02:30am Tuesday 24 October 2017

Massage gives consolation for bereaved relatives

Berit S Cronfalk Photo: Yana Li

Soft tissue massage is gentle but firm, and activates touch receptors in the skin which then release oxytocin, a hormone known for its positive effects on well-being and relaxation, says Berit Seiger Cronfalk, who led the study at the department of oncology-pathology, Karolinska Institutet. For example oxytocin is released when a mother breast feeds her child.

Eighteen people who had lost a relative to cancer and had been in contact with a palliative care team at Stockholms Sjukhem took part in the study. Participants ranged from 34 to 78 years of age and included widows, widowers, daughters and sisters. Nine chose foot massage, eight chose hand massage and one asked for both. Relatives were offered a 25-minute hand or foot massage once a week for eight weeks, and could choose whether the sessions took place at home, work or at the hospital.

In the study the massage was carried out with slow strokes, light pressure and circling movements using oil lightly scented with citrus or hawthorn. The relatives were then encouraged to relax for a further 30 minutes. Baseline data was collected on the participants during a 60-minute interview before the programme started and a further 60-minute interview was conducted a week after the massage programme finished. A follow-up was made six to eight months after ending of the program.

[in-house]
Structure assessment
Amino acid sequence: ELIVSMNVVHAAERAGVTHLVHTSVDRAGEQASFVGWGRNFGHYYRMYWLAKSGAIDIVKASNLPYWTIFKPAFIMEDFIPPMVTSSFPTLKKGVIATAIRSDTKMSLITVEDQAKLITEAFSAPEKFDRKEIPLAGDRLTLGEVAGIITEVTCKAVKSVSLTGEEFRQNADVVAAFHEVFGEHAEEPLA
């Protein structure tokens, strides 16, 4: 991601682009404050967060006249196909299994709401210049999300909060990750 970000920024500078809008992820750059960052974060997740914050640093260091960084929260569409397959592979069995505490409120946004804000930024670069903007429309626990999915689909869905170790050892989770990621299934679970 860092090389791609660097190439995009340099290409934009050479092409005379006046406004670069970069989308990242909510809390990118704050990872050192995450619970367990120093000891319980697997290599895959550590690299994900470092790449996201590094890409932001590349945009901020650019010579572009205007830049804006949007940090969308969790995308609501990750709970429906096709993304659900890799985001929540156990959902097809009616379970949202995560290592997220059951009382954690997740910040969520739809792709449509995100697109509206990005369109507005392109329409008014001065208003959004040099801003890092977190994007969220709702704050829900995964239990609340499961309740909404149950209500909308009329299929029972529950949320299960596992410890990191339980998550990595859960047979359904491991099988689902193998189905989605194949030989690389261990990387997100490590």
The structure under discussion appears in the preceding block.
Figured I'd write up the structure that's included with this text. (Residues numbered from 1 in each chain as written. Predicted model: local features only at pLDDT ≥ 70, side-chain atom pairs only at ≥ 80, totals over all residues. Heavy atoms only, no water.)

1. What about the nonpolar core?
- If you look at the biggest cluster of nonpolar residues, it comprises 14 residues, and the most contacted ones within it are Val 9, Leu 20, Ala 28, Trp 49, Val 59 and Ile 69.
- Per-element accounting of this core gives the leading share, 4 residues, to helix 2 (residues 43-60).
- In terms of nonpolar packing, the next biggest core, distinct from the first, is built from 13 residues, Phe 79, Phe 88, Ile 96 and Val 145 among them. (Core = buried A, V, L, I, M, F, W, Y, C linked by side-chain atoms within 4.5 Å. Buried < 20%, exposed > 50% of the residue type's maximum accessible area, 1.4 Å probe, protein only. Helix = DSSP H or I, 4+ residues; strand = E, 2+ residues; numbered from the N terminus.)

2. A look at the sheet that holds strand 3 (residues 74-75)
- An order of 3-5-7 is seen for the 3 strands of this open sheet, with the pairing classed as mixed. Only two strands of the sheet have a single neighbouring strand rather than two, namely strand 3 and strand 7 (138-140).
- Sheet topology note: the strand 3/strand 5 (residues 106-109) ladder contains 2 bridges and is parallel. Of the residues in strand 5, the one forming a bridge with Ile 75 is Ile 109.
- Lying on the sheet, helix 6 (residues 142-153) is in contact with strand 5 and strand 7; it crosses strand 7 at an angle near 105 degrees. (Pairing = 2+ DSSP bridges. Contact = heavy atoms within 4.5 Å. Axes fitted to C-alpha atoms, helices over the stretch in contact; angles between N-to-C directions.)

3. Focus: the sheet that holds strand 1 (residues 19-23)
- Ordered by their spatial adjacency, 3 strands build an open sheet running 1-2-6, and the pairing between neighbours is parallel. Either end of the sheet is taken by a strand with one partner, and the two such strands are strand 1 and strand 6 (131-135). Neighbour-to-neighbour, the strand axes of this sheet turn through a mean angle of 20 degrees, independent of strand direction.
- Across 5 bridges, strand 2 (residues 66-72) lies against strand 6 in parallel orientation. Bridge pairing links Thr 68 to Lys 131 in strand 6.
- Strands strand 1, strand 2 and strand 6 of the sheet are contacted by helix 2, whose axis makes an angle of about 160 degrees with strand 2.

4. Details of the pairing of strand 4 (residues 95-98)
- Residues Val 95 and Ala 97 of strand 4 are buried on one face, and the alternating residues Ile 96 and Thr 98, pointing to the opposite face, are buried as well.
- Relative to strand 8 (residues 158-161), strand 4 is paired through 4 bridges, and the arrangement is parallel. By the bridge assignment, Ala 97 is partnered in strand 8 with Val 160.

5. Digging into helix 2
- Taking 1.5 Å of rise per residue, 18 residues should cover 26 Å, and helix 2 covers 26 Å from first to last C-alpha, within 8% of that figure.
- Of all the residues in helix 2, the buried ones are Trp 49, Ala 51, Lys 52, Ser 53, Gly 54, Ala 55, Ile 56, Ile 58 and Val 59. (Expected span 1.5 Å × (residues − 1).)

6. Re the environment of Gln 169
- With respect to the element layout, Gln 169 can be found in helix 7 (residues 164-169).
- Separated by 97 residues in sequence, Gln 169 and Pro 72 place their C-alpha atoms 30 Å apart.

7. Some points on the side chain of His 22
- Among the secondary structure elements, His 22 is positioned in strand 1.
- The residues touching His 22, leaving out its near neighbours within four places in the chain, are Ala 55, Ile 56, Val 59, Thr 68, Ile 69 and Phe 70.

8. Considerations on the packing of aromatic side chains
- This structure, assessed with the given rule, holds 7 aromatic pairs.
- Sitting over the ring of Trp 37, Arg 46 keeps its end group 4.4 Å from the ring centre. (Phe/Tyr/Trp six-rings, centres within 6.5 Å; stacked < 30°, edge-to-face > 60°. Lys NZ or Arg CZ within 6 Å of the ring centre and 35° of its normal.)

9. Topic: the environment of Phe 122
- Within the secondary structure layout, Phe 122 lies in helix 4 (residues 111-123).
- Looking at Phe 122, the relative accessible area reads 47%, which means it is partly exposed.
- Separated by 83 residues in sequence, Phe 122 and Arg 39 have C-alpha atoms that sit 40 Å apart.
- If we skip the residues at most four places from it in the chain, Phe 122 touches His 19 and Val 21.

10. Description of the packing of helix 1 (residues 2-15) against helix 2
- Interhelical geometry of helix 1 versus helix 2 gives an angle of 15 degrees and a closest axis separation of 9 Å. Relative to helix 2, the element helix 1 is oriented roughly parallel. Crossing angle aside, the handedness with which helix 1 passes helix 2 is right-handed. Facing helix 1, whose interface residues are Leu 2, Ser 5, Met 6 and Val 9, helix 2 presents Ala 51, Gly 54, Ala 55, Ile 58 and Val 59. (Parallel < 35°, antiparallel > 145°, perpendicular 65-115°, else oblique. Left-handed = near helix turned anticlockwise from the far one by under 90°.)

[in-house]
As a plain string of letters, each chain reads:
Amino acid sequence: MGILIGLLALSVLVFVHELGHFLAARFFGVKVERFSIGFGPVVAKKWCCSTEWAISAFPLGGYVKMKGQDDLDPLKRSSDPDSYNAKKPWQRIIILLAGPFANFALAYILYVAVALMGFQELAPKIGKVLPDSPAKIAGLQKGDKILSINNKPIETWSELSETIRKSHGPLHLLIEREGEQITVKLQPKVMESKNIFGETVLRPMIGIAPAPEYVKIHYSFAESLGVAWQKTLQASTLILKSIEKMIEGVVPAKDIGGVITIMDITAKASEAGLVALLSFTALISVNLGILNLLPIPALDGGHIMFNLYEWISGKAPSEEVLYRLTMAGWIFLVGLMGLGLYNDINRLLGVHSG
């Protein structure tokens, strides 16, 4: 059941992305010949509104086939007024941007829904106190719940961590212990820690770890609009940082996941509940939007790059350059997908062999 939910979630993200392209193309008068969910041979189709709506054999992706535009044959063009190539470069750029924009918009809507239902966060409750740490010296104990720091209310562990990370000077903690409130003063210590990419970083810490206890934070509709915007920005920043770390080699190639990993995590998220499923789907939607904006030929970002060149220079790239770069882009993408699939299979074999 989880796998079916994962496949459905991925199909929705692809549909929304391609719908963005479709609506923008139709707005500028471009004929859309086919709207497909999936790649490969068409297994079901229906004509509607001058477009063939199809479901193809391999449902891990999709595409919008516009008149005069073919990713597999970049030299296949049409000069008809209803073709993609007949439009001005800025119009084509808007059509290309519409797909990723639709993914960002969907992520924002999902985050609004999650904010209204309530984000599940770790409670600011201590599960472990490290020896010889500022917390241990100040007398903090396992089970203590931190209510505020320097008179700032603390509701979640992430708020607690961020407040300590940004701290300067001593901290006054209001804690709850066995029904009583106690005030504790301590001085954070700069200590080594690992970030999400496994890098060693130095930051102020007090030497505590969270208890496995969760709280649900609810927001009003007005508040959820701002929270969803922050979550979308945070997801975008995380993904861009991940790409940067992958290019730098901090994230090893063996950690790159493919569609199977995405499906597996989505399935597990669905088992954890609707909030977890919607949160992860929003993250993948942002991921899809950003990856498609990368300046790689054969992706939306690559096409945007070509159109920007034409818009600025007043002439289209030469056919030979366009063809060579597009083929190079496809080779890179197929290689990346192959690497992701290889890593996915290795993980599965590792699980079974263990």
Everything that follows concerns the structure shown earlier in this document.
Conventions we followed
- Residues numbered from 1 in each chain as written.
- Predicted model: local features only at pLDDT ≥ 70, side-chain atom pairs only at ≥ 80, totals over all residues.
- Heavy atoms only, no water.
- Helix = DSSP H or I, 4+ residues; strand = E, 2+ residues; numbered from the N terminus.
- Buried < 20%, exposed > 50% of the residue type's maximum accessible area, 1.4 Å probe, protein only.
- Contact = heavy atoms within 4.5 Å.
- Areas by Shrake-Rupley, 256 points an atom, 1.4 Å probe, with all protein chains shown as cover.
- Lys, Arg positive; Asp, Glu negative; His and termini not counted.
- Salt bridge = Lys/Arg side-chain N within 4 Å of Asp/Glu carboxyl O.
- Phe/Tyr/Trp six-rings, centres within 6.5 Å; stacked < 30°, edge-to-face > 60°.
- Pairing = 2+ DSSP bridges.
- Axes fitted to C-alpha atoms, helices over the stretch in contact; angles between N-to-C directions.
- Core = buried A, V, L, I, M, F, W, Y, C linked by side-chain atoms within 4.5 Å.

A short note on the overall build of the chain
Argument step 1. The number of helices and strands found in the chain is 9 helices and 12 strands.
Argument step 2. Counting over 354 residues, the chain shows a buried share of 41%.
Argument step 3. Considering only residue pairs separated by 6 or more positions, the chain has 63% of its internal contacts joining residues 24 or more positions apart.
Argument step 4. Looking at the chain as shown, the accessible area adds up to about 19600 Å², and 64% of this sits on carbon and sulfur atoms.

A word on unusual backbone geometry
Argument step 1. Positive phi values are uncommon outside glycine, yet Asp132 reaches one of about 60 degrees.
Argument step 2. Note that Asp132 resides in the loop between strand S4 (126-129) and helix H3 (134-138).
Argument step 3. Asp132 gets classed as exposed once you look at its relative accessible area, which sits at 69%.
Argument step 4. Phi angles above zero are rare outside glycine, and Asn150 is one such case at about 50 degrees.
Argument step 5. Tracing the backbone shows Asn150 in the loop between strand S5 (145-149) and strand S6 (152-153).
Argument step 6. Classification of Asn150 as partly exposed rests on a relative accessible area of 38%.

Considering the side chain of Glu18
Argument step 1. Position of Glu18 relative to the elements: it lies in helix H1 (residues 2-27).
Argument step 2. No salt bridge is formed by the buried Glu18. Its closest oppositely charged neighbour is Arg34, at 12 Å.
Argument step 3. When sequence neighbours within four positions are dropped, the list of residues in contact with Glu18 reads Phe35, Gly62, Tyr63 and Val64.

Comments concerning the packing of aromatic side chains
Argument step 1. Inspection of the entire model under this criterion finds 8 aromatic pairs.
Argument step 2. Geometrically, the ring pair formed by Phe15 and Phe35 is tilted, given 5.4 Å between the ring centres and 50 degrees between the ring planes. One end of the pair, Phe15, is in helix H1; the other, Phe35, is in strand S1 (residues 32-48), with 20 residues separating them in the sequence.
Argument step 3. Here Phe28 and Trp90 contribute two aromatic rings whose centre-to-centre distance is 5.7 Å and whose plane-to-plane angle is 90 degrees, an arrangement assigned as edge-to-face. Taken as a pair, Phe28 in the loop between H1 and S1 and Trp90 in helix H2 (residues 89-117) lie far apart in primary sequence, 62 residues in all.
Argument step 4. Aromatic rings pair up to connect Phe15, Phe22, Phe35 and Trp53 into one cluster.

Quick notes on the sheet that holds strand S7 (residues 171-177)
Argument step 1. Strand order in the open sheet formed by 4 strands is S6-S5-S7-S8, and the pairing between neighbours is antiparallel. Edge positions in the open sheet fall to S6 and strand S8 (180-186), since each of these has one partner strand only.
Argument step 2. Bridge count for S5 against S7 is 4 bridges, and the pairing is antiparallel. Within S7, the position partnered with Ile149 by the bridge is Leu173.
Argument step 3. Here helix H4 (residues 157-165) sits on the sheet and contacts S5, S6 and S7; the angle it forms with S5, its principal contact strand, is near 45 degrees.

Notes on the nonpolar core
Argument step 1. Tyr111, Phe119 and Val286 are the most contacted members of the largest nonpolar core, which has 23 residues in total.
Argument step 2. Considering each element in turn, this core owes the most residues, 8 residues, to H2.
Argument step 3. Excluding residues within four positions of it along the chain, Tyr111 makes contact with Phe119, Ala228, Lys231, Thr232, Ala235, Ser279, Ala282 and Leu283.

“The follow-up showed, that 17 of the relatives had moved forward with their lives, but one had suffered further emotional problems after the death of another close family member, says Dr Seiger Cronfalk. However all the people we spoke to, used the word consolation when describing the treatment.

The relatives´ comments could be divided into four key themes:

  • A helping hand at the right time.
  • Something to rely on.
  • Moments of rest.
  • Moments of retaining energy.

According to the study participants, the massages provide physical touch and closeness that helped to diminish the feelings of empty space and loneliness, says Dr Seiger Cronfalk. They also told us that the massages helped them to balance the need to grieve and the need to adapt to life after the loss of their relative.

Publication:

Berit S Cronfalk, Britt-Marie Ternestedt, Peter Strang

Soft tissue massage: early intervention for relatives whose family members died in palliative care

Journal of Clinical Nursing, 24 March 2010, vol. 19, p.1040-1048

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